Once I’d completed all one hundred questions, I jumped from my stool feeling better about my chances of matching; I highly doubted it. I couldn’t imagine anyone else hating this farce as much as I did. Surely the results would detect that. The two girls I sat between were still at their booths, thinking through their answers thoroughly and making their decisions carefully. I almost rolled my eyes but I caught Lady Maxhin watching me through her holographic display. I pushed in my stool, patted the backrest awkwardly, and fled from the room.
Leaving the Khakidemy, I left any thoughts about the test behind and headed to the Food Hall for breakfast. I entered a hall with the majority of tables reset in their default table-of-four position. Only one group had their table set up as a bench for twelve. I breathed in the near empty room, grateful I’d missed the mid-morning rush. Although the room was cleverly designed—with circular rows upon rows of tables—it was hard to find a single table during busier times.
Situated in the very centre of the building like the bullseye on a target, the Food Hall was the only room that inhabited all four quarters of the institute. I chose a table in Claret Quartz, the section with polished, purply-red floor tiles. Sitting down, I glanced over at a few Musties huddled together, whispering, and turning to look at a Navy standing in the centre by the meal dispenser. Curly blond-brown hair reflecting his chilled-out demeanour, he seemed blissfully unaware of the attention he was being given. From the sound of things, the bench full of Navies also appeared to be talking about him.
“Quickly. Pax is on his own. What should I order?” asked a slender girl with a giggle, looking down at her tabletop screen. “OK, I ordered a fresh green juice; that will do.” She floated up out of her chair and wafted over—in what seemed like slow motion—flicking her glossy, cocoa-brown hair. Her friends watched eagerly. I, too, couldn’t help myself; I needed to see how this one played out.
“Hey, Pax,” she said in a sickly tone, brushing her fingers across the length of his broad back.
“Hey, Pipila.” He didn’t seem to mind the invasion of his personal space, yet didn’t encourage it either.
She played with her hair, tossing her head from side to side. I personally thought she looked demented, but I supposed she was going for cute.
“Order ready for Miss Darlington,” prompted Soami, the Digital Assistant, indicating food had arrived in the hatch.
“Oh, that’s mine,” said Pipila. “Can I just get my—” She leant over Pax, using his arm as support, scanned her picoplant to open the hatch, and reached for her juice. “Hmm, best way to start the day, eh, Pax?” Pipila tipped her head back and sipped the juice delicately. “Well, good luck with Unity this year. Third time lucky for us; I hope we match. Oh, I mean, I hope we find a match,” she ‘corrected’ herself before swanning back to her table. Right…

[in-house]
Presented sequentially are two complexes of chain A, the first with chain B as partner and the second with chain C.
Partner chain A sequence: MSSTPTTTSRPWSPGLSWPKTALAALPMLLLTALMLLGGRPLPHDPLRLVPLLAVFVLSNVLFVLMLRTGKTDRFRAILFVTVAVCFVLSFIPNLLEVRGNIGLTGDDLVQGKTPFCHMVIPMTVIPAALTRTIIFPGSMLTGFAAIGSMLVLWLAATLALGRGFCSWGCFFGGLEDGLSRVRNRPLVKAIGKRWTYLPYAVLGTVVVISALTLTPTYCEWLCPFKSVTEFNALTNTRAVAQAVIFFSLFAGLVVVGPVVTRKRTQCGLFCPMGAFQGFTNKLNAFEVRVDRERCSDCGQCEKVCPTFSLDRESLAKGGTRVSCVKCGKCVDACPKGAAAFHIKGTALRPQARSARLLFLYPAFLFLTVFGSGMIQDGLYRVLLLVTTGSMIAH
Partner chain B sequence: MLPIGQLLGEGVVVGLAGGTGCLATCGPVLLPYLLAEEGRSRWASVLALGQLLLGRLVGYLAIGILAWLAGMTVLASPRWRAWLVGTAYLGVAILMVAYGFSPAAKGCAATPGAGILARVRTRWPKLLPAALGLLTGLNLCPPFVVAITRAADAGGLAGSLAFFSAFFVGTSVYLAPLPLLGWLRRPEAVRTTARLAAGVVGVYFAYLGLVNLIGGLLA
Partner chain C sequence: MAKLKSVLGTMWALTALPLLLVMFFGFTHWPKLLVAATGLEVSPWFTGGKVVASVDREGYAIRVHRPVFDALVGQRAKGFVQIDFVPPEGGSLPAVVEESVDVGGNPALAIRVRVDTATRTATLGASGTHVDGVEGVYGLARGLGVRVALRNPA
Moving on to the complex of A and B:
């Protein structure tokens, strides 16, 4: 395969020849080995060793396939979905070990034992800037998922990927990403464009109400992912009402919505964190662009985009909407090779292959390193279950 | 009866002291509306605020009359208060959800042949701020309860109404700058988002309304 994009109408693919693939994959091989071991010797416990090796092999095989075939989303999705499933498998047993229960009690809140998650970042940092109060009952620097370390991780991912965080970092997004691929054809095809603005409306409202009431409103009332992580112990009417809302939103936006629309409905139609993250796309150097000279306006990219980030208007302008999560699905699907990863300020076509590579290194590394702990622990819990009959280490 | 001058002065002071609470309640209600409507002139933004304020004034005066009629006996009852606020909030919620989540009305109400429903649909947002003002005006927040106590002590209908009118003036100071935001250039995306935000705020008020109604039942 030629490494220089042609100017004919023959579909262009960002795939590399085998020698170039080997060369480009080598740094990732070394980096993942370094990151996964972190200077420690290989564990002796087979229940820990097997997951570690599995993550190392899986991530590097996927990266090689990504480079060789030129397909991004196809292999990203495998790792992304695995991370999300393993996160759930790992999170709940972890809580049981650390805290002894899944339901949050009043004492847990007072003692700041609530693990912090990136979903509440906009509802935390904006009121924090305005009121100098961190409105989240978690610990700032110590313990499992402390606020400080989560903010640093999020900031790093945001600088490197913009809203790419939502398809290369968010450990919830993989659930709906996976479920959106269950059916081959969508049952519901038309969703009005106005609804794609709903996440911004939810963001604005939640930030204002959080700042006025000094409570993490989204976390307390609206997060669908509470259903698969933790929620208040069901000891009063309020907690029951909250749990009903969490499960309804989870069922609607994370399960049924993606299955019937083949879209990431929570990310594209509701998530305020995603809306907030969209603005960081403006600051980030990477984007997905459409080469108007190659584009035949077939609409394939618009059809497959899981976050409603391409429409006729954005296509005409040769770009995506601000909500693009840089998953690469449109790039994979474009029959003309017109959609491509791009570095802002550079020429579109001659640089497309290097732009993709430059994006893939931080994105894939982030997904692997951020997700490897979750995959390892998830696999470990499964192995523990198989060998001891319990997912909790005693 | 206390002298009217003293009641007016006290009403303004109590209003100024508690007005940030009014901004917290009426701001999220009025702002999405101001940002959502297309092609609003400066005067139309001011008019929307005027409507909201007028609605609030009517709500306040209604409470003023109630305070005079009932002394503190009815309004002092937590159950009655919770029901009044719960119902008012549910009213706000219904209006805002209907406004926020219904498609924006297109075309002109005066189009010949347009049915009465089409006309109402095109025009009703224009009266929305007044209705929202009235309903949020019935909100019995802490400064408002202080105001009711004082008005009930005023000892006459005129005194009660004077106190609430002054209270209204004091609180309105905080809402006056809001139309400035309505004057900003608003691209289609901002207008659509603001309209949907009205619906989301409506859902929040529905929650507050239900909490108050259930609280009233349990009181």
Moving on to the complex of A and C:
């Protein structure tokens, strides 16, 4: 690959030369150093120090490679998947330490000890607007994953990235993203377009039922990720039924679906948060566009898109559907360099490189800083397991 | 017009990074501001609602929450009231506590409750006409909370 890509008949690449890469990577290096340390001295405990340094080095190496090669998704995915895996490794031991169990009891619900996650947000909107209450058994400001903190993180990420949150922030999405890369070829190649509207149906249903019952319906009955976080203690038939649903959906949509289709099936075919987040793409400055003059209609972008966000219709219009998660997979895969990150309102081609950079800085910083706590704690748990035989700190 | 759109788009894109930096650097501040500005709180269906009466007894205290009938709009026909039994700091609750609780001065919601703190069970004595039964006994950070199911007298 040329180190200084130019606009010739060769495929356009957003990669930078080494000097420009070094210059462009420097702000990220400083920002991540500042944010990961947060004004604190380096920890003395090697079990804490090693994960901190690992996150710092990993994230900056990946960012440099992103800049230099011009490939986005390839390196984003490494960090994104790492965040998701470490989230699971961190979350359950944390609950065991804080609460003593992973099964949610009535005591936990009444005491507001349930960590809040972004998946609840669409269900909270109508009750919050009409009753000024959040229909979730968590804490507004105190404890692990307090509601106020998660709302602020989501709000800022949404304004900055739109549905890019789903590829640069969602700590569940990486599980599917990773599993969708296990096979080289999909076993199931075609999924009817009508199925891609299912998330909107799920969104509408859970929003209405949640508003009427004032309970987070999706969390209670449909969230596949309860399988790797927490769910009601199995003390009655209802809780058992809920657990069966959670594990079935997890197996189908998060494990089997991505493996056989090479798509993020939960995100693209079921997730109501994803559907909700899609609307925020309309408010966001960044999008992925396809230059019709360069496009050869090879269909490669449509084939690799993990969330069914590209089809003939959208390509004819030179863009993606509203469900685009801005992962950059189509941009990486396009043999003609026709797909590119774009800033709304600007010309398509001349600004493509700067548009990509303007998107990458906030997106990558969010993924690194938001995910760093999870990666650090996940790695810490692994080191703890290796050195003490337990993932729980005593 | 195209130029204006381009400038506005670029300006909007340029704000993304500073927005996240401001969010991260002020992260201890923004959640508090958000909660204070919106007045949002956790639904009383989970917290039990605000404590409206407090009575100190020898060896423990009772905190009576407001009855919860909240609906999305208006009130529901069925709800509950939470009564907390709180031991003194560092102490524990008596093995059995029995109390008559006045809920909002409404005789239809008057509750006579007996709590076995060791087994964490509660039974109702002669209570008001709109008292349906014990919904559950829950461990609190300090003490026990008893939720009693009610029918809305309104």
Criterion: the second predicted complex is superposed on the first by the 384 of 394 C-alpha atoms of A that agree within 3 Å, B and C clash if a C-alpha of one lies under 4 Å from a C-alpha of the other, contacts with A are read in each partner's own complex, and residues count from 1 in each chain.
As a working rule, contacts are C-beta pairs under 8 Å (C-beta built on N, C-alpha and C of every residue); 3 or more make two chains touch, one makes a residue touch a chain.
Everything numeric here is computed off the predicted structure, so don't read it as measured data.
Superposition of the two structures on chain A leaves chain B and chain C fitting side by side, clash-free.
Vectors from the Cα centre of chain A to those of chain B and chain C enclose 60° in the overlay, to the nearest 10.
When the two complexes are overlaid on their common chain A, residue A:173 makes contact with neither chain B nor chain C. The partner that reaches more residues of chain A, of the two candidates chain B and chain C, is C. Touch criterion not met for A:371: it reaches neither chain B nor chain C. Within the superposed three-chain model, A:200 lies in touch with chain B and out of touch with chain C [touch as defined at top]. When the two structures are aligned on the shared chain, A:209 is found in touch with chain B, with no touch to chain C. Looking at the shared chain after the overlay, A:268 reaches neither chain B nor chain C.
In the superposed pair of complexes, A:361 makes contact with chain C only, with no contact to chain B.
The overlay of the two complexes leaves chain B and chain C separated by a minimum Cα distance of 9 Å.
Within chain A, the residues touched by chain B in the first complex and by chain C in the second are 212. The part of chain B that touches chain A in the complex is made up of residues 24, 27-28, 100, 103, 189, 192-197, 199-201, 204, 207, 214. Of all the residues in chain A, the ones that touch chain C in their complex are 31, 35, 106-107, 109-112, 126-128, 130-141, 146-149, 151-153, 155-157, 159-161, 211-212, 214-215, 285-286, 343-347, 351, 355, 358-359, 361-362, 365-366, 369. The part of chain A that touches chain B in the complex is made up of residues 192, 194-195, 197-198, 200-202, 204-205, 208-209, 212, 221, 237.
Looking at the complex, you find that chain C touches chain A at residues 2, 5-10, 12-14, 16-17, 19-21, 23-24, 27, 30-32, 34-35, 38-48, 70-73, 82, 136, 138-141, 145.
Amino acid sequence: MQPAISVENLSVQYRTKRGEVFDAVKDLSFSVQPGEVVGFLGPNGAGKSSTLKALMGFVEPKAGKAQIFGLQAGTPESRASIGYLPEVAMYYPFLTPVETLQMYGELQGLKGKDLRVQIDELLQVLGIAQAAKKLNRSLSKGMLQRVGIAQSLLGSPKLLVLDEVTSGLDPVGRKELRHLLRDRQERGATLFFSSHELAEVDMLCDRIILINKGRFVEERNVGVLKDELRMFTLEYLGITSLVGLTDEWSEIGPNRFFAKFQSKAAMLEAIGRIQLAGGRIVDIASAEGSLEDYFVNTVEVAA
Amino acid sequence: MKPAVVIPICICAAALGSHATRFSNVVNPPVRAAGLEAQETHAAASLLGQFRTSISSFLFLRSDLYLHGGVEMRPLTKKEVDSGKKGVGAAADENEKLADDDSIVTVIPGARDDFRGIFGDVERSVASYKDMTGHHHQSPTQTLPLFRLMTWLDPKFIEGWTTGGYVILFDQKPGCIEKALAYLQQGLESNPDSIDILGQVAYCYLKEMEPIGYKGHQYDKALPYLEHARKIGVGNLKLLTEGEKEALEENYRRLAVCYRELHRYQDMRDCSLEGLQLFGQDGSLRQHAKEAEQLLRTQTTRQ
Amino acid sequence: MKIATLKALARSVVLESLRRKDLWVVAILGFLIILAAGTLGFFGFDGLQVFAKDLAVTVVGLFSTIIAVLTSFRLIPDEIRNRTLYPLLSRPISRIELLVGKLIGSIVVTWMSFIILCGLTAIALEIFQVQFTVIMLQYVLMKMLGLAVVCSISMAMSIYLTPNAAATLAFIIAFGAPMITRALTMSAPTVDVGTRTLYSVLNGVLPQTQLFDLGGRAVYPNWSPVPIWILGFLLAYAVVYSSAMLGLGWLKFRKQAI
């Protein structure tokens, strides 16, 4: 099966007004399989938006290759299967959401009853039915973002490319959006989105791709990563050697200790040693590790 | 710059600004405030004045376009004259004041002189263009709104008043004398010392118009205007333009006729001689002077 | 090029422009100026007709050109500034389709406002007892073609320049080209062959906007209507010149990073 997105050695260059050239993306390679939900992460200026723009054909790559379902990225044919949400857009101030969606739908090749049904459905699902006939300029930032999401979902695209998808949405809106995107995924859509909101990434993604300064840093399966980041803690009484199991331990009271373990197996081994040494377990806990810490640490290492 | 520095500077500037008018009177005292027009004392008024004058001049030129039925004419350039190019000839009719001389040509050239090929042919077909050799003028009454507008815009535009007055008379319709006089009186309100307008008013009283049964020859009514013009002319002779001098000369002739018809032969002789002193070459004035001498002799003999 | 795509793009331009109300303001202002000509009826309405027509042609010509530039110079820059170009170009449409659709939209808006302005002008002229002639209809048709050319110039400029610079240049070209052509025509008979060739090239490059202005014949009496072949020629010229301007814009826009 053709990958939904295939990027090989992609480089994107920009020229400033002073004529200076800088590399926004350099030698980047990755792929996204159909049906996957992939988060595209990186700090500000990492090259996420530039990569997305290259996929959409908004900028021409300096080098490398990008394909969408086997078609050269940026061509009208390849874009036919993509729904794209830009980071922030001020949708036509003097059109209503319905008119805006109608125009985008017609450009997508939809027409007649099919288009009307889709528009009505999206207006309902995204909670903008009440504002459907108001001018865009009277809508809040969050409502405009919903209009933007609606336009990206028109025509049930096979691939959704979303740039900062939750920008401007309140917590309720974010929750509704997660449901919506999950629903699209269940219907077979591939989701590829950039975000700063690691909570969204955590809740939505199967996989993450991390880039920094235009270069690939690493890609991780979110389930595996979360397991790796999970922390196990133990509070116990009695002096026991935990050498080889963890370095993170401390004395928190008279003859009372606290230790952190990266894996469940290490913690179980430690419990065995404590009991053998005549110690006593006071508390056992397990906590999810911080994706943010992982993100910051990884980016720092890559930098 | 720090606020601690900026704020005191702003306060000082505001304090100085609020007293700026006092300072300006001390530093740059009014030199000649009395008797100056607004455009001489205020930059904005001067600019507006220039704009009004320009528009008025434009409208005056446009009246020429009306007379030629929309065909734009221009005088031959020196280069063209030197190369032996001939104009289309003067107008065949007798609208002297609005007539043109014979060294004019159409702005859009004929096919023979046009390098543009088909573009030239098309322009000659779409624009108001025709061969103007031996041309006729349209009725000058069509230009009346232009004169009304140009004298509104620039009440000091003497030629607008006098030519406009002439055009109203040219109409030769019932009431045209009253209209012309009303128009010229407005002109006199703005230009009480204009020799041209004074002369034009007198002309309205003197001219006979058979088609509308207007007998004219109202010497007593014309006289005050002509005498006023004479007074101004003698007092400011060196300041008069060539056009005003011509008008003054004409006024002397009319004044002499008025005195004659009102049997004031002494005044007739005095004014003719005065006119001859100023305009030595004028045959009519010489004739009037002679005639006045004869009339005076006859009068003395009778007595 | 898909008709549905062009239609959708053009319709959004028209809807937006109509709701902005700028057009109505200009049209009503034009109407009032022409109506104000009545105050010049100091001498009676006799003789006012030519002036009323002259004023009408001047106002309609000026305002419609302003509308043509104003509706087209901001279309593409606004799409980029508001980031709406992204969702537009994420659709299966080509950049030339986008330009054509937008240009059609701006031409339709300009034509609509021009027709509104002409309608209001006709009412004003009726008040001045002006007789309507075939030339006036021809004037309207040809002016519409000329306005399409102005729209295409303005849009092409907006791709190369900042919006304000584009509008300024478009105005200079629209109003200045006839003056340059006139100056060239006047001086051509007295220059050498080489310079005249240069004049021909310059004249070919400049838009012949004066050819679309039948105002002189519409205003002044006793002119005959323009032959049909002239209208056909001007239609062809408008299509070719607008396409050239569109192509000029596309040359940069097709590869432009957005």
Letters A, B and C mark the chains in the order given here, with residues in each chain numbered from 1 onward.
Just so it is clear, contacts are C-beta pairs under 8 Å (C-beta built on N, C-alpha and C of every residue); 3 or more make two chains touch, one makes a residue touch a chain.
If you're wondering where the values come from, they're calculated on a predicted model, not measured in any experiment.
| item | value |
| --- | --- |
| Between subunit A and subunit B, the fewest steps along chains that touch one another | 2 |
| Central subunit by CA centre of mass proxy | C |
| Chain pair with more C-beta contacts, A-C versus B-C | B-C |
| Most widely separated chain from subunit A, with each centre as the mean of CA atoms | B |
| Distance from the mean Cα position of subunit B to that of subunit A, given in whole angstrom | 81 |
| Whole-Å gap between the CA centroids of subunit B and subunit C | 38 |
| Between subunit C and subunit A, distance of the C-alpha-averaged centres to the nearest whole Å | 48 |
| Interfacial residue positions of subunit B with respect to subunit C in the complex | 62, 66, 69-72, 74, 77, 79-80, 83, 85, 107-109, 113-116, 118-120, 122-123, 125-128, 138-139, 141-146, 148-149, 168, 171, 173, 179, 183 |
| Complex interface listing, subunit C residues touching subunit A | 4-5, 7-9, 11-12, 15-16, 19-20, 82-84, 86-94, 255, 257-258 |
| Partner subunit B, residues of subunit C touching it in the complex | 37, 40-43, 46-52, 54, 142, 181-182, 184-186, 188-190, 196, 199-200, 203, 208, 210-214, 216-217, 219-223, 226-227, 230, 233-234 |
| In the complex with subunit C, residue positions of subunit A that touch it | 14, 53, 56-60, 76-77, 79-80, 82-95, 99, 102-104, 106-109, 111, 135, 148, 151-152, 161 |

Roxy Eloise is a successful participant of Pitch Wars held quarterly on Twitter. During this event, she created a pitch that stood out from the hundreds of thousands, landing herself a traditional publishing contract.
Her debut novel, The Guidal: Discovering Puracordis, is the first in a 3-book series. Coming April 2022, this exciting new novel was inspired by a dream. Roxy writes the stories she really wants to read. If she finds it boring to write, she'll find it boring to read, so she’ll always make sure her novels are binge-worthy! Her favourite place to write is in bed with country music and a hot drink. On the weekends, you’ll find her out walking her dog, filming videos for YouTube, or spending time with her family.
Can you, for those who don't know you already, tell something about yourself and how you became an author?
Growing up, I really struggled to fit in because, whilst my friends were growing up and becoming more interested in fashion and music, I was still stuck in my childhood. I wasn’t ready to grow up and I preferred my imagination over what so-and-so was wearing and who knew all the lyrics to the latest song. When it was no longer acceptable to play games, I used to live in my imagination and create whole secret worlds in my head. I would visit these worlds every day and continue my characters’ stories. I used to keep this completely secret, thinking it was too abnormal for anyone to understand, but it was only when I started writing, I realised it is what every single author does when they are writing a book. Authors play every day. They never have to grow up.